Economy contraction less severe than first thought

The UK economy's record contraction in the second quarter was slightly less severe than first thought, but the 19.8 per cent plunge still saw Britain suffer the worst slump of any major economy.

The lockdown saw a record-breaking 23.6 per cent fall in household spending between April and June.

The Office for National Statistics (ONS) revised the second quarter figure from an earlier estimate of 20.4 per cent, while updated figures also showed a steeper contraction of 2.5 per cent between January and March.

It previously estimated that GDP fell 2.2 per cent in the first quarter.

Sign up to our Business newsletter

Sign up to our Business newsletter

Despite the revisions, the UK still tumbled into the largest recession since current records began and fared worse in the second quarter than any of its advanced economic counterparts.

The ONS said: "While it is still true that these early estimates are prone to revision, we prefer to focus on the magnitude of the contraction that has taken place in response to the coronavirus pandemic.

"It is clear that the UK is in the largest recession on record.

"The latest estimates show that the UK economy is now 21.8 per cent smaller than it was at the end of 2019, highlighting the unprecedented size of this contraction."

Since the nadir of the recession in April, GDP has now grown for three months in a row, but has only made up around half of the ground lost during the pandemic, according to the ONS.

The lockdown saw a record-breaking 23.6 per cent fall in household spending between April and June, which economist Samuel Tombs at Pantheon Macroeconomics said was "at the root of the UK's underperformance".

Forced to stay at home during the lockdown, Britons ramped up their savings instead of spending - sending the household saving ratio soaring to an all-time high of 29.1 per cent in the second quarter.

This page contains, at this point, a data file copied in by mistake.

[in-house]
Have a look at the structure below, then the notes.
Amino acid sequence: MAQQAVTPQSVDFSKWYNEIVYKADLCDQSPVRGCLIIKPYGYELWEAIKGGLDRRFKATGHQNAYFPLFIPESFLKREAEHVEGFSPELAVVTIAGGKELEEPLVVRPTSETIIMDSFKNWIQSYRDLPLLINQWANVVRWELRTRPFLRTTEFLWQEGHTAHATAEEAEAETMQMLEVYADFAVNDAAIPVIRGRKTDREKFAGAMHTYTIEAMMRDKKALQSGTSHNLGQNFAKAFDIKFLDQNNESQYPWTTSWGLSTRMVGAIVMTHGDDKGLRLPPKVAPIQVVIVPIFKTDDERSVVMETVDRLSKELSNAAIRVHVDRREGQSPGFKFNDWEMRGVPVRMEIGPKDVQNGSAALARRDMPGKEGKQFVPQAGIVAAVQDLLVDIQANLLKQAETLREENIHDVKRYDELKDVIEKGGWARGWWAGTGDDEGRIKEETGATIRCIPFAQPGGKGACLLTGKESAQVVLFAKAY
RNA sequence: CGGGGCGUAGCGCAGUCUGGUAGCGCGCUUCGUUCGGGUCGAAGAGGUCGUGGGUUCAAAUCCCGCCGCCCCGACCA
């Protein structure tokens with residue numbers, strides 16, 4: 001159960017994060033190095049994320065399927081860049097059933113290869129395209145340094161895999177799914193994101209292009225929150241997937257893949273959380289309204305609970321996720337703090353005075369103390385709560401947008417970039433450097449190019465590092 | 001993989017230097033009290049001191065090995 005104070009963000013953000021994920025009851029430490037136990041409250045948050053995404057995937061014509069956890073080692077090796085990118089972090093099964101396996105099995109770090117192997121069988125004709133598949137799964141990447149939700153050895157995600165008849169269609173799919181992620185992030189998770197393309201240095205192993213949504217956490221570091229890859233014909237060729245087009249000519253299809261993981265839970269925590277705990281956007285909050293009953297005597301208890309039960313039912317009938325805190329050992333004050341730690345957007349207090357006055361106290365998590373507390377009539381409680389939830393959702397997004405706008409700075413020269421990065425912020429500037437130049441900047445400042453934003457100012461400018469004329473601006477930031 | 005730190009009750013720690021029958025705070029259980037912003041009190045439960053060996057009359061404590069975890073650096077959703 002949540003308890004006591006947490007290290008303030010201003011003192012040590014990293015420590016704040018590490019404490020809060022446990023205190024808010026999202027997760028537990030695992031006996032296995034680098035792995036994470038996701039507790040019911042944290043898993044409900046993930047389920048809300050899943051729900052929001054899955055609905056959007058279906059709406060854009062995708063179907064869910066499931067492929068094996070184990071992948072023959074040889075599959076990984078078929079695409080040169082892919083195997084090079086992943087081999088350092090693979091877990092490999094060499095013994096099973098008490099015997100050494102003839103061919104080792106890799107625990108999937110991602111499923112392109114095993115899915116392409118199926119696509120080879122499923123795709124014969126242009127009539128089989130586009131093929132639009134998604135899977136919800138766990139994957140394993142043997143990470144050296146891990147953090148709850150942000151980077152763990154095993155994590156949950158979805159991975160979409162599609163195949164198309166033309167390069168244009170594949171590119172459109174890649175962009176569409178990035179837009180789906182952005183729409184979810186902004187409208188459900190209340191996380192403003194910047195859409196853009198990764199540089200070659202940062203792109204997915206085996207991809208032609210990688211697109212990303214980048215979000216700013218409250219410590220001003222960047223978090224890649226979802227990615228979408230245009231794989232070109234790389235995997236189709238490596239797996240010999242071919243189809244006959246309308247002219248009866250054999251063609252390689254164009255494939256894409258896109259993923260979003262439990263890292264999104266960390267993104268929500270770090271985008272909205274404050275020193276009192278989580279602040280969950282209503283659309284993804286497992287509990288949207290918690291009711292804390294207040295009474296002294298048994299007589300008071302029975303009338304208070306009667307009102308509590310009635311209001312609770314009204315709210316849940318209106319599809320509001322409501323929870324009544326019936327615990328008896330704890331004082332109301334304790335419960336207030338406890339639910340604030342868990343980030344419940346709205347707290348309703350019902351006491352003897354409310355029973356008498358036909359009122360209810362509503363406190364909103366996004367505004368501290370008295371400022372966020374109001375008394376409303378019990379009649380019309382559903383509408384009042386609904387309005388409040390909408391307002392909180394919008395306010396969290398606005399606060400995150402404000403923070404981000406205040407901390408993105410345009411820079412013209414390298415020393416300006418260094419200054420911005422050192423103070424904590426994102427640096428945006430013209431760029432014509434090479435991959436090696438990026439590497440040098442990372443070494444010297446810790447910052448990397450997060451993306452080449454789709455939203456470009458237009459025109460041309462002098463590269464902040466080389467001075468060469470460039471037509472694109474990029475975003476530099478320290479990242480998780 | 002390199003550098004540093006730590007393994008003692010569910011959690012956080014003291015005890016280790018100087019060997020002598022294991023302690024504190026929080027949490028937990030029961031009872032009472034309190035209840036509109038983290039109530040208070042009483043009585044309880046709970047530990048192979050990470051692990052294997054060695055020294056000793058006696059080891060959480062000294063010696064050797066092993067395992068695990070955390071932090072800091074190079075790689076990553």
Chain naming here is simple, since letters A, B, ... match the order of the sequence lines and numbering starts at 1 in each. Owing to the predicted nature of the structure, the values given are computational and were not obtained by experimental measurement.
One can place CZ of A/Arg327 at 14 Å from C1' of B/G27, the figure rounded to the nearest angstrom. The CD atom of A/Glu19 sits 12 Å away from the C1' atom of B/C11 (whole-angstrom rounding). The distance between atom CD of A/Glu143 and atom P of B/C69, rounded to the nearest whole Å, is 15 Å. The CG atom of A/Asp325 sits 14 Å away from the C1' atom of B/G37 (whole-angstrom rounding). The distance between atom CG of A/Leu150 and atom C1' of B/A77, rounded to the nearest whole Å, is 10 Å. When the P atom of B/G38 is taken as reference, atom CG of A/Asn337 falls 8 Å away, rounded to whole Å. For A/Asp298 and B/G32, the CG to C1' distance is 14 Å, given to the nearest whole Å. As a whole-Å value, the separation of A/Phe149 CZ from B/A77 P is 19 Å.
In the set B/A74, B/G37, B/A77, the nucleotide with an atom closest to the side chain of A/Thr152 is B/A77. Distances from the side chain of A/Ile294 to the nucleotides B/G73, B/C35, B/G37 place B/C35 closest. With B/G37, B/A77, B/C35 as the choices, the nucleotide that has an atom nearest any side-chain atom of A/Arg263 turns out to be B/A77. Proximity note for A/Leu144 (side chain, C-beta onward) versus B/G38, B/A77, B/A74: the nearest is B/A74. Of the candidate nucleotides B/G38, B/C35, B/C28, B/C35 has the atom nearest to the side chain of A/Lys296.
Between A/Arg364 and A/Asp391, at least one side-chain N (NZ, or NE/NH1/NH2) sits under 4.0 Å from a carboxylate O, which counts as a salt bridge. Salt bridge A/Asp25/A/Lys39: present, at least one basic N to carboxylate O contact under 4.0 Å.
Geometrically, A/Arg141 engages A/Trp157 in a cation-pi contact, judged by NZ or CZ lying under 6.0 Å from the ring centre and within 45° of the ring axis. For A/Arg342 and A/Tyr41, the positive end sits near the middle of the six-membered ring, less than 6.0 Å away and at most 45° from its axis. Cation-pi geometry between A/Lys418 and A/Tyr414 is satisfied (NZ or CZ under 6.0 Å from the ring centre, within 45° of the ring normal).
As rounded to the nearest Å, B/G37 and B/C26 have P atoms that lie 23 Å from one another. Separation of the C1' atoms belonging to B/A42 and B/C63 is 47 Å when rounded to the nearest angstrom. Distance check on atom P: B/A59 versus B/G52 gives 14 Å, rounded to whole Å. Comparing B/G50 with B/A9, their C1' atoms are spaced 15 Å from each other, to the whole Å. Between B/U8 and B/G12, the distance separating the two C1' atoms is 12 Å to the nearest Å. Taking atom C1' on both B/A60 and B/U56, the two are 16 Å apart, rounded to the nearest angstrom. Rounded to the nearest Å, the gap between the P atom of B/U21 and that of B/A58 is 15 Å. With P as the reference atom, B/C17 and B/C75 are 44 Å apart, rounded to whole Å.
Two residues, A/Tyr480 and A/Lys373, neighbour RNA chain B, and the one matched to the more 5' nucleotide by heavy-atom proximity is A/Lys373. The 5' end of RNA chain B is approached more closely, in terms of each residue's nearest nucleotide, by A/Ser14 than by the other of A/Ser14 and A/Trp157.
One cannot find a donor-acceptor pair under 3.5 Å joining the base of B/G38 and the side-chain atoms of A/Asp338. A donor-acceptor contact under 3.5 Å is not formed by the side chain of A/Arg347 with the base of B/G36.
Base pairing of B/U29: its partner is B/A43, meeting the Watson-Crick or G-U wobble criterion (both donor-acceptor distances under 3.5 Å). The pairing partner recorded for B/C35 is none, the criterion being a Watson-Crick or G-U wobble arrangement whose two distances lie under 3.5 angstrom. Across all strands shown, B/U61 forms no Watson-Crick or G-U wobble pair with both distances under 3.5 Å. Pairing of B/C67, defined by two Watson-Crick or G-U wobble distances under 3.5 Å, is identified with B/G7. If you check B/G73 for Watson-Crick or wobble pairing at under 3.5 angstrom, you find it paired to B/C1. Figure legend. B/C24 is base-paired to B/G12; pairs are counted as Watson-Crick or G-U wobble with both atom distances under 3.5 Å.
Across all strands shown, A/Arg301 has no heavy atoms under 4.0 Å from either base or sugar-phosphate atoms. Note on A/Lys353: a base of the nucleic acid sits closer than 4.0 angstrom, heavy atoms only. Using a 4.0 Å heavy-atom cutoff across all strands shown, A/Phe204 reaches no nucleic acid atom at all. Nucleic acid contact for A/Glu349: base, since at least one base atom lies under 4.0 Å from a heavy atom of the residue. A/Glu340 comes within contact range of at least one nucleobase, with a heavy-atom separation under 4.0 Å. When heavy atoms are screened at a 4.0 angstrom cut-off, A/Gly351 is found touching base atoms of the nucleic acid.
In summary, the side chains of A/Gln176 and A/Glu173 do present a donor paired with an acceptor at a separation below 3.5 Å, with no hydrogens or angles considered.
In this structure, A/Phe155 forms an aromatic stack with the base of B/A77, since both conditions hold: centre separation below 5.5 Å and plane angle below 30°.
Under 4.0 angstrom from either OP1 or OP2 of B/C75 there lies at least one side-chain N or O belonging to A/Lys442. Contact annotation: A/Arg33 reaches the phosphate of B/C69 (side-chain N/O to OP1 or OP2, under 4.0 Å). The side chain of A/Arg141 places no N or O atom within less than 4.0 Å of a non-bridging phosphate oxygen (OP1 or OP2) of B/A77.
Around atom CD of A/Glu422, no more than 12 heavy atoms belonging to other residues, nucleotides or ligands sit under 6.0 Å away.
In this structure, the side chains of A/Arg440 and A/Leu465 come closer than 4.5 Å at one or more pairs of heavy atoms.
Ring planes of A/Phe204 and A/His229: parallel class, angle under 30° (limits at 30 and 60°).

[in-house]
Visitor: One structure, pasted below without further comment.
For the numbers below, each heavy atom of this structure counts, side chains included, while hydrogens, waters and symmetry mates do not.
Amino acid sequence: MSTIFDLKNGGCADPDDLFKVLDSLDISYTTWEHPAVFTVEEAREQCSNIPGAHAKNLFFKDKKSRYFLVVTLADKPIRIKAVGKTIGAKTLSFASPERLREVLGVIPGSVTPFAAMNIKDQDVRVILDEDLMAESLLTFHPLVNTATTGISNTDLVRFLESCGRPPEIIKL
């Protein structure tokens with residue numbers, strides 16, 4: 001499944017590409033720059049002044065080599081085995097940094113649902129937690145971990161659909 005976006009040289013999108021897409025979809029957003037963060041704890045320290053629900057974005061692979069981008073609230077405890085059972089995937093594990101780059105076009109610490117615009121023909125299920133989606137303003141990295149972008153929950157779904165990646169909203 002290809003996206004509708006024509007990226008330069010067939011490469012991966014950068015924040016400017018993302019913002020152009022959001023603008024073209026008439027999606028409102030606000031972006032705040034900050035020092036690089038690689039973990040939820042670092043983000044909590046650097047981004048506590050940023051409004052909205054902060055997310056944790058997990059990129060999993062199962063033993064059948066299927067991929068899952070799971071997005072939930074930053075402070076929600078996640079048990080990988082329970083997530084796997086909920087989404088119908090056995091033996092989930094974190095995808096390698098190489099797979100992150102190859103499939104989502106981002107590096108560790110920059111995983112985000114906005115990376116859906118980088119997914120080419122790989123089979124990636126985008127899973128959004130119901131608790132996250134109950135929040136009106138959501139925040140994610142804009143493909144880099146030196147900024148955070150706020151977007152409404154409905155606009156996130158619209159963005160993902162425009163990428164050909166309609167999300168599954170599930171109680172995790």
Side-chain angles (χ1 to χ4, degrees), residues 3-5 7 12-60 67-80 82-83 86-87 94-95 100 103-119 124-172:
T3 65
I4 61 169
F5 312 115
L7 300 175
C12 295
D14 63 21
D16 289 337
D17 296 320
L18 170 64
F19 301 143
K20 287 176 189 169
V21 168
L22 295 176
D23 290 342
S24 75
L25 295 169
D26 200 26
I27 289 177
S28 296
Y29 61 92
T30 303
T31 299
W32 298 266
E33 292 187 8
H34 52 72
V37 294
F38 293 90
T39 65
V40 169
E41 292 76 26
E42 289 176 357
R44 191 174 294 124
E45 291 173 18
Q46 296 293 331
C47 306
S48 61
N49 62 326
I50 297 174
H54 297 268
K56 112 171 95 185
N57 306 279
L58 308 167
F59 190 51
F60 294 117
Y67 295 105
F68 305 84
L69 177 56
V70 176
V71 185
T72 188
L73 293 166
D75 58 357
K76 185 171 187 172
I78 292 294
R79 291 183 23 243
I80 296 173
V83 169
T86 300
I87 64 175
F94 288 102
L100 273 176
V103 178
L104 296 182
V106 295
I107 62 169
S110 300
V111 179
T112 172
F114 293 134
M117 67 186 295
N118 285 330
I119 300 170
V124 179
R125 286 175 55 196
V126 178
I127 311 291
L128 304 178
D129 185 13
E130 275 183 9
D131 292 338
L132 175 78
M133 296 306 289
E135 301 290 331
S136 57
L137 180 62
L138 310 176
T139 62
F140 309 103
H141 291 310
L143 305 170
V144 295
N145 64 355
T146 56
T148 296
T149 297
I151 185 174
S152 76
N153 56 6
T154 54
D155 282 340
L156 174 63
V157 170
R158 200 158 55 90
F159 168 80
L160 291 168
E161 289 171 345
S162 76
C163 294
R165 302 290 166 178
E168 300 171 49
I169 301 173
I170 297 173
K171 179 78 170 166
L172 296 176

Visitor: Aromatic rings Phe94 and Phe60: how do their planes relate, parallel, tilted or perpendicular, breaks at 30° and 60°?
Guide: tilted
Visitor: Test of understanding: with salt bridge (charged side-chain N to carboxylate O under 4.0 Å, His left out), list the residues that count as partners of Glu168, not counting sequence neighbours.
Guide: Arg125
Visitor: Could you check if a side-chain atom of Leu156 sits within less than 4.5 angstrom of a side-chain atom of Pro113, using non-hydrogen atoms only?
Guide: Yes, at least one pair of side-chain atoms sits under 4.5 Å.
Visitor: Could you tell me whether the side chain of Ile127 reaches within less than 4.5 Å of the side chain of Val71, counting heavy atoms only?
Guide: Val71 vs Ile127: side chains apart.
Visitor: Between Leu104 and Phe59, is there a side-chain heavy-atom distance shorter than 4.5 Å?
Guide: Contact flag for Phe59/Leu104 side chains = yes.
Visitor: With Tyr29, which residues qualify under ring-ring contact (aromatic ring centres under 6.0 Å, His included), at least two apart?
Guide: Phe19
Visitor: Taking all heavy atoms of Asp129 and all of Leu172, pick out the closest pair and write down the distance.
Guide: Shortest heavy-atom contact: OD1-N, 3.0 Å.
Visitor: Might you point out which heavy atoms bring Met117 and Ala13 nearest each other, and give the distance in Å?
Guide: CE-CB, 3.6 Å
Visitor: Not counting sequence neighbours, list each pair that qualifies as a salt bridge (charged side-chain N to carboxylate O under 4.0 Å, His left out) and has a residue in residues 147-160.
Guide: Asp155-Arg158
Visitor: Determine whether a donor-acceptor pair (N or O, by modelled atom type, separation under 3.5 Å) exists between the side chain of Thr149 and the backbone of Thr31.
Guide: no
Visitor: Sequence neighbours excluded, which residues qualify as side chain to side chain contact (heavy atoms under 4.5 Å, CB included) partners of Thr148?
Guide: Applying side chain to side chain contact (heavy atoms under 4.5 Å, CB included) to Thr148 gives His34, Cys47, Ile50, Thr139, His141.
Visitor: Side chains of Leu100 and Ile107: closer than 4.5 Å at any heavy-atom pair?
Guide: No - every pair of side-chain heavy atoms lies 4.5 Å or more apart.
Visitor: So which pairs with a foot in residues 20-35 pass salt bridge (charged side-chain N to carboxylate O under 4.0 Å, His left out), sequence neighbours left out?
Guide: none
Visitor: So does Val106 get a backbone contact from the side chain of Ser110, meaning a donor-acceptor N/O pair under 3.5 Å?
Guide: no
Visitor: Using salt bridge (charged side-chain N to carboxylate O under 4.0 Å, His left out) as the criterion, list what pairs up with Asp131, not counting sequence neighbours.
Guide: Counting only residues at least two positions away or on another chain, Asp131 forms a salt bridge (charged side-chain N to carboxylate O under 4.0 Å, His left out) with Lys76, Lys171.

This was up from the 9.6 per cent saving ratio in the first three months of the year, according to the ONS.

Mr Tombs said: "Households' spending appears to have rebounded strongly in the third quarter, as they spent some of the 'enforced' savings they accumulated in Q2."

But he added: "The still-low level of consumers' confidence, which has been weighed down by rising redundancies and the emerging second wave of Covid-19, suggests that households' saving rate will return in the fourth quarter to a level much higher than seen before the virus struck."

Support The Yorkshire Post and become a subscriber today.

Your subscription will help us to continue to bring quality news to the people of Yorkshire. In return, you'll see fewer ads on site, get free access to our app and receive exclusive members-only offers.

So, please - if you can - pay for our work. Just £5 per month is the starting point. If you think that which we are trying to achieve is worth more, you can pay us what you think we are worth. By doing so, you will be investing in something that is becoming increasingly rare. Independent journalism that cares less about right and left and more about right and wrong. Journalism you can trust.

Thank you

James Mitchinson